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dc.contributor.authorGriffiths, Thomas
dc.date.accessioned2011-10-25T09:41:48Z
dc.date.available2011-10-25T09:41:48Z
dc.date.issued2011
dc.identifier.urihttp://hdl.handle.net/10369/2859
dc.descriptionBA Enterprise Projecten_GB
dc.description.abstractThe study intended to compare and contrast the differences in back-row player’s contributions in Rugby Union matches between Elite and Non-Elite sides. Performance indicators were selected to include every action a back-row player would be involved in, with additional variables added to encompass every eventually that could occur during a typical match. Additionally, team ball possession was recorded to provide more accurate analysis. Once the teams were identified, post-match video analysis of 20 matches involving the elite (n=10) and non-elite (n=10) was conducted from the 2009/10 English and Welsh Premiership, where SportsCode was used to record the actions by each player. Prior to any official testing, intra-observer reliability tests were performed on the system, with the results reporting a very good strength of agreement according to the Altman (1991) Kappa scale, allowing for official testing to be performed. Player performances within the reliability test, allowed performance indicators to be linked with positional roles. The blindside flanker was involved with effective rucking, the open side flankers turning the ball over and tackling and the number eight with ball carrying. Echoing the literature by Long and Hughes (2004)¬, Vivian et al. (2006) and Parsons and Hughes (2006). Independent statistical and related samples tests, Mann-Whitney U and Wilcoxon tests, highlighted significant differences within the total amount of carries (p<0.001), positive carries (p<0.001) and total positive actions of the back-row unit as a whole (p<0.05). Additionally, significant differences where found between individual player comparisons in total positive actions (p<0.001) and total positive carries (p<0.001), between the elite and non-elite number eight’s. There were no significant differences between both flanker positions; however there were differences in total number of positive actions between the players. The team possession data illustrated that the ball was in play longer during the elite team’s matches, therefore, playing a contributing factor in the elite team having a higher total time in attack and defence average. In conclusion, the results show that there were no significant differences between the blind side and open side flankers at different levels, however, there were significant differences between the way in which the number eight’s play the game.en_GB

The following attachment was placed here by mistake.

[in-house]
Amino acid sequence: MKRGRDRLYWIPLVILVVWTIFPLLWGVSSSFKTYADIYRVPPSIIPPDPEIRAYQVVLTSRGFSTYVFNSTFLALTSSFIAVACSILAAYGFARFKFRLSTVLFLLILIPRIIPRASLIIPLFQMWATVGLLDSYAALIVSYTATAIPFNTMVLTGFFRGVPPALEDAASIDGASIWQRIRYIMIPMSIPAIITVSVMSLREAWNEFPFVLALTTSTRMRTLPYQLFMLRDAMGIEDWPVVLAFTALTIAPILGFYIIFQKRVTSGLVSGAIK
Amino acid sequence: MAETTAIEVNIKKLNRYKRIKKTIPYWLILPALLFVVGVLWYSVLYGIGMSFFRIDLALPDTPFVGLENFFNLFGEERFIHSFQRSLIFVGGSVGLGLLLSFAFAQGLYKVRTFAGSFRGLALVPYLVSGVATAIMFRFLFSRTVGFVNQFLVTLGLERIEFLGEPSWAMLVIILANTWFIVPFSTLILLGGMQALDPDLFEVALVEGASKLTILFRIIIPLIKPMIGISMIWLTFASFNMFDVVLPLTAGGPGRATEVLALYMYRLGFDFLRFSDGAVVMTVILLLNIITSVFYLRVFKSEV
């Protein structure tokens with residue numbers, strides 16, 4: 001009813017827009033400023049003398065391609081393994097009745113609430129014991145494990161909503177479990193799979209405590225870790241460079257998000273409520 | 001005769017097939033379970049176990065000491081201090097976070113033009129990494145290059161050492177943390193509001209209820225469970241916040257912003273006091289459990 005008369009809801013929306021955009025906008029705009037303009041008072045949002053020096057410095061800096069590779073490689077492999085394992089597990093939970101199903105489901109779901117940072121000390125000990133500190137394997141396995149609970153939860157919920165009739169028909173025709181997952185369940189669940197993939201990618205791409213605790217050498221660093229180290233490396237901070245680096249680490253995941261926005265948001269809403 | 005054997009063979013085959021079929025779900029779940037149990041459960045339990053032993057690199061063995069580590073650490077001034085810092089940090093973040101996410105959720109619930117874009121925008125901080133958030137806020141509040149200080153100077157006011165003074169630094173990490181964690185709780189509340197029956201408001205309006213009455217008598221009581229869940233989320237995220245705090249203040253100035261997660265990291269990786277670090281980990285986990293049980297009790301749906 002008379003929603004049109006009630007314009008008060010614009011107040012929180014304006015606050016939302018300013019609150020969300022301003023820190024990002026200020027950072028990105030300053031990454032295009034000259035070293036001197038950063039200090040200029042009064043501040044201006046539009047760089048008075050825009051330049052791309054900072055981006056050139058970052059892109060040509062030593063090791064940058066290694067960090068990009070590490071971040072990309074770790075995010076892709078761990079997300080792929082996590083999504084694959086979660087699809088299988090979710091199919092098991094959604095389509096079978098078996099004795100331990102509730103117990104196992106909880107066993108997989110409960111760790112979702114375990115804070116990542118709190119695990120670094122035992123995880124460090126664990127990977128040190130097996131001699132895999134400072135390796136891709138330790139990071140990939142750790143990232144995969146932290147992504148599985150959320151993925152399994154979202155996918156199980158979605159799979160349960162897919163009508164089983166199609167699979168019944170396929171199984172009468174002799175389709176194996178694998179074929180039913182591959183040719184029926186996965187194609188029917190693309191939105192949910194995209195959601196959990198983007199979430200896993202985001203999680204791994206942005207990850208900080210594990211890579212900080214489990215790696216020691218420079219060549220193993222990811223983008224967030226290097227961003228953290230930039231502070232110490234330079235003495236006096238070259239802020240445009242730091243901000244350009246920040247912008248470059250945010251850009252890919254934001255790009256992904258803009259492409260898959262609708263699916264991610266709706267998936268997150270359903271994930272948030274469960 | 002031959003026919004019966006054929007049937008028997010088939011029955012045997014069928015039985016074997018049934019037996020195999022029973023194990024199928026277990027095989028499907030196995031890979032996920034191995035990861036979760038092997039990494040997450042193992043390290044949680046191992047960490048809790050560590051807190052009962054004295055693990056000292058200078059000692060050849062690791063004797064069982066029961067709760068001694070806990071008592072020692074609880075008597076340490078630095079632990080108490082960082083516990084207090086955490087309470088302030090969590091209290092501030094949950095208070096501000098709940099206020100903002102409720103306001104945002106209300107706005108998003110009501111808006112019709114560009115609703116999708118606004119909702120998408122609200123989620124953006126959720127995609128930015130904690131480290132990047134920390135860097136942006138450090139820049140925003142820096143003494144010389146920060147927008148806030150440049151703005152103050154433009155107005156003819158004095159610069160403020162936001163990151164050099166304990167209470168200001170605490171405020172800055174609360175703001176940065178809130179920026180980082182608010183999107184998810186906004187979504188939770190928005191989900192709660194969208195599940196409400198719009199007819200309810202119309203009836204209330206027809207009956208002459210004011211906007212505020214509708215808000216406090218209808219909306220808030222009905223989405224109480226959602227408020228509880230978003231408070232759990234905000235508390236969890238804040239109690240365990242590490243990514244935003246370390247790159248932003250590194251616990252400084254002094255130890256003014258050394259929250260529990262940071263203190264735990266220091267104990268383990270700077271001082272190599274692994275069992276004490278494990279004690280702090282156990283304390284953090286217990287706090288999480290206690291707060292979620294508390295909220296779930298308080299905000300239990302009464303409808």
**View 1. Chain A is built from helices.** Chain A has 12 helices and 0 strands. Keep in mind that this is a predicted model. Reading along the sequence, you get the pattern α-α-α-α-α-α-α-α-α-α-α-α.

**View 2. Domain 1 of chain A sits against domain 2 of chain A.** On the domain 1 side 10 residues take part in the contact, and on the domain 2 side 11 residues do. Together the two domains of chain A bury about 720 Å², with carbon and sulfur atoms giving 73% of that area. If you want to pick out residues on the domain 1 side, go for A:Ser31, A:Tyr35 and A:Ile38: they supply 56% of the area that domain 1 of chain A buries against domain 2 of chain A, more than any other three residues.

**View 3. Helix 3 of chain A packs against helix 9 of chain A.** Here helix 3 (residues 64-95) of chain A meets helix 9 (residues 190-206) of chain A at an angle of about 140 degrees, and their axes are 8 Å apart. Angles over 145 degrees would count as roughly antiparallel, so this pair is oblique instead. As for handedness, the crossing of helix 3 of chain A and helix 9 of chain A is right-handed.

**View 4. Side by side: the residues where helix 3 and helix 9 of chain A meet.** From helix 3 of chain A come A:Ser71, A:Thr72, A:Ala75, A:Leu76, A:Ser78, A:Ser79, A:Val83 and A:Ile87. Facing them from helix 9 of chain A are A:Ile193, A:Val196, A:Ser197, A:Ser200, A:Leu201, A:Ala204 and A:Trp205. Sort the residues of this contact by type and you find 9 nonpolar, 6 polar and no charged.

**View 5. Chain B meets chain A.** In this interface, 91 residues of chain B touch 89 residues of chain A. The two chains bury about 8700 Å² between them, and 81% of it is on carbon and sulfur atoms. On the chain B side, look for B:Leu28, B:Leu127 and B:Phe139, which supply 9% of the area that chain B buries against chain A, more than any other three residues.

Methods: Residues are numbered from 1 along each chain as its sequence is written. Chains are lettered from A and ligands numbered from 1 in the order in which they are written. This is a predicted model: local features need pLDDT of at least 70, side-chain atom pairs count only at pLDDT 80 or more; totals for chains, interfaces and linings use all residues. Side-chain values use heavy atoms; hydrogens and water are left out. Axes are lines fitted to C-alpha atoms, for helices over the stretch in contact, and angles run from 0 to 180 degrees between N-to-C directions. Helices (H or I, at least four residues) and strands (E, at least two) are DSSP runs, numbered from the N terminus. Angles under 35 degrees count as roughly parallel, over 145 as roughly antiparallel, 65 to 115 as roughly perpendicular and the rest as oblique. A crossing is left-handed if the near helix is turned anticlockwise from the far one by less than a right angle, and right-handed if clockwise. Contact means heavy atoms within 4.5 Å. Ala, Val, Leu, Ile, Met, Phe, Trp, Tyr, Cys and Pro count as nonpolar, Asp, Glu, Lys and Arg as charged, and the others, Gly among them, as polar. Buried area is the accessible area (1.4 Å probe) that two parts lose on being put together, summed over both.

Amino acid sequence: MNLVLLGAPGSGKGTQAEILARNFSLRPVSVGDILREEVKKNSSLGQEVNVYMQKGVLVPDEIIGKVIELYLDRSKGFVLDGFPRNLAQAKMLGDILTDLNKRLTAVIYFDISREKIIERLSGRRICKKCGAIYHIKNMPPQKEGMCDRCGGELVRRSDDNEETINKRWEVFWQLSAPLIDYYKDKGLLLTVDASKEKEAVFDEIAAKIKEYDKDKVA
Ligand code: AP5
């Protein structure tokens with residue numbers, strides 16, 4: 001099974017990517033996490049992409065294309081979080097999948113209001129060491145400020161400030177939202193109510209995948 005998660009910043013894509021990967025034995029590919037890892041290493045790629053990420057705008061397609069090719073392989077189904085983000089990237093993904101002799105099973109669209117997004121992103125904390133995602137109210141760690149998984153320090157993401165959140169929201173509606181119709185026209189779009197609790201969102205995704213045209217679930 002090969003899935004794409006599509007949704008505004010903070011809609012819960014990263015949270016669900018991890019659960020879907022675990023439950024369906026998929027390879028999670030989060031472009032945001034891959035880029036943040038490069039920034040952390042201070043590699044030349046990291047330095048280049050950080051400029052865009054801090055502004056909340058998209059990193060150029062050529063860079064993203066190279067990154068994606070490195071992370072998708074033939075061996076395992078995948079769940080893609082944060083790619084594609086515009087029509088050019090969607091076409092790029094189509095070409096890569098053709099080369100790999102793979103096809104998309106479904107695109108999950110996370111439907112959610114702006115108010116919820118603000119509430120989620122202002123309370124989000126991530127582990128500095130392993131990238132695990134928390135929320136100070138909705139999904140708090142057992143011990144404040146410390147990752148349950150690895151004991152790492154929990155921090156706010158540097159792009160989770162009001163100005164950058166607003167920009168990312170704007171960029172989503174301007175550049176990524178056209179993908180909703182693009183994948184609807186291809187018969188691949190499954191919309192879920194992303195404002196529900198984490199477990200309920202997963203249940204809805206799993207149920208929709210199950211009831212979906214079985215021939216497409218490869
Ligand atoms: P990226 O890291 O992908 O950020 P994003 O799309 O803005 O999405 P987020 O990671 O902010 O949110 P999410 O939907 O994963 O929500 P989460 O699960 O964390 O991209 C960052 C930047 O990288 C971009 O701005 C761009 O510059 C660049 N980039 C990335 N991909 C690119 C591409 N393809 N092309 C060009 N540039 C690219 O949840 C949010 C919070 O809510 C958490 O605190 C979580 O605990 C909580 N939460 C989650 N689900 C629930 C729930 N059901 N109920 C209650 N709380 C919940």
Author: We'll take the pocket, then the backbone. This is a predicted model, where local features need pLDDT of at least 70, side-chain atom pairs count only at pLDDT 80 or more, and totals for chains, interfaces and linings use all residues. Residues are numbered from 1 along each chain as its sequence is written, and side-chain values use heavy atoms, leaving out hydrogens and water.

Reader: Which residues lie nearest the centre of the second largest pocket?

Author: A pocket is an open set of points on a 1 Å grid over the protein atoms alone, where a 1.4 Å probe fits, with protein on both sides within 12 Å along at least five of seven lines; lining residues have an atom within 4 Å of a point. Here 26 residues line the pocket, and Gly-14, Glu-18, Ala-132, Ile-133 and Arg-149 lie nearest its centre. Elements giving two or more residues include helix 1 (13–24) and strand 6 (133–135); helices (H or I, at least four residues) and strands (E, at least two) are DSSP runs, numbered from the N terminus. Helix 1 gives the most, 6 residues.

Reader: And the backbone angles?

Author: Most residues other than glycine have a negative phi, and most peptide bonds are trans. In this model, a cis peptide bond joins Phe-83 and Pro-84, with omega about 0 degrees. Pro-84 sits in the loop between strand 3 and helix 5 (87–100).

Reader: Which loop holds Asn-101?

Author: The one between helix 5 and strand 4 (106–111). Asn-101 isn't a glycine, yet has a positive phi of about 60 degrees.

dc.publisherUniversity of WalesEN_UK
dc.subjectenterprise projecten_GB
dc.titleComparison of playing actions of back-row players in elite and non-elite Rugby Unionen_GB


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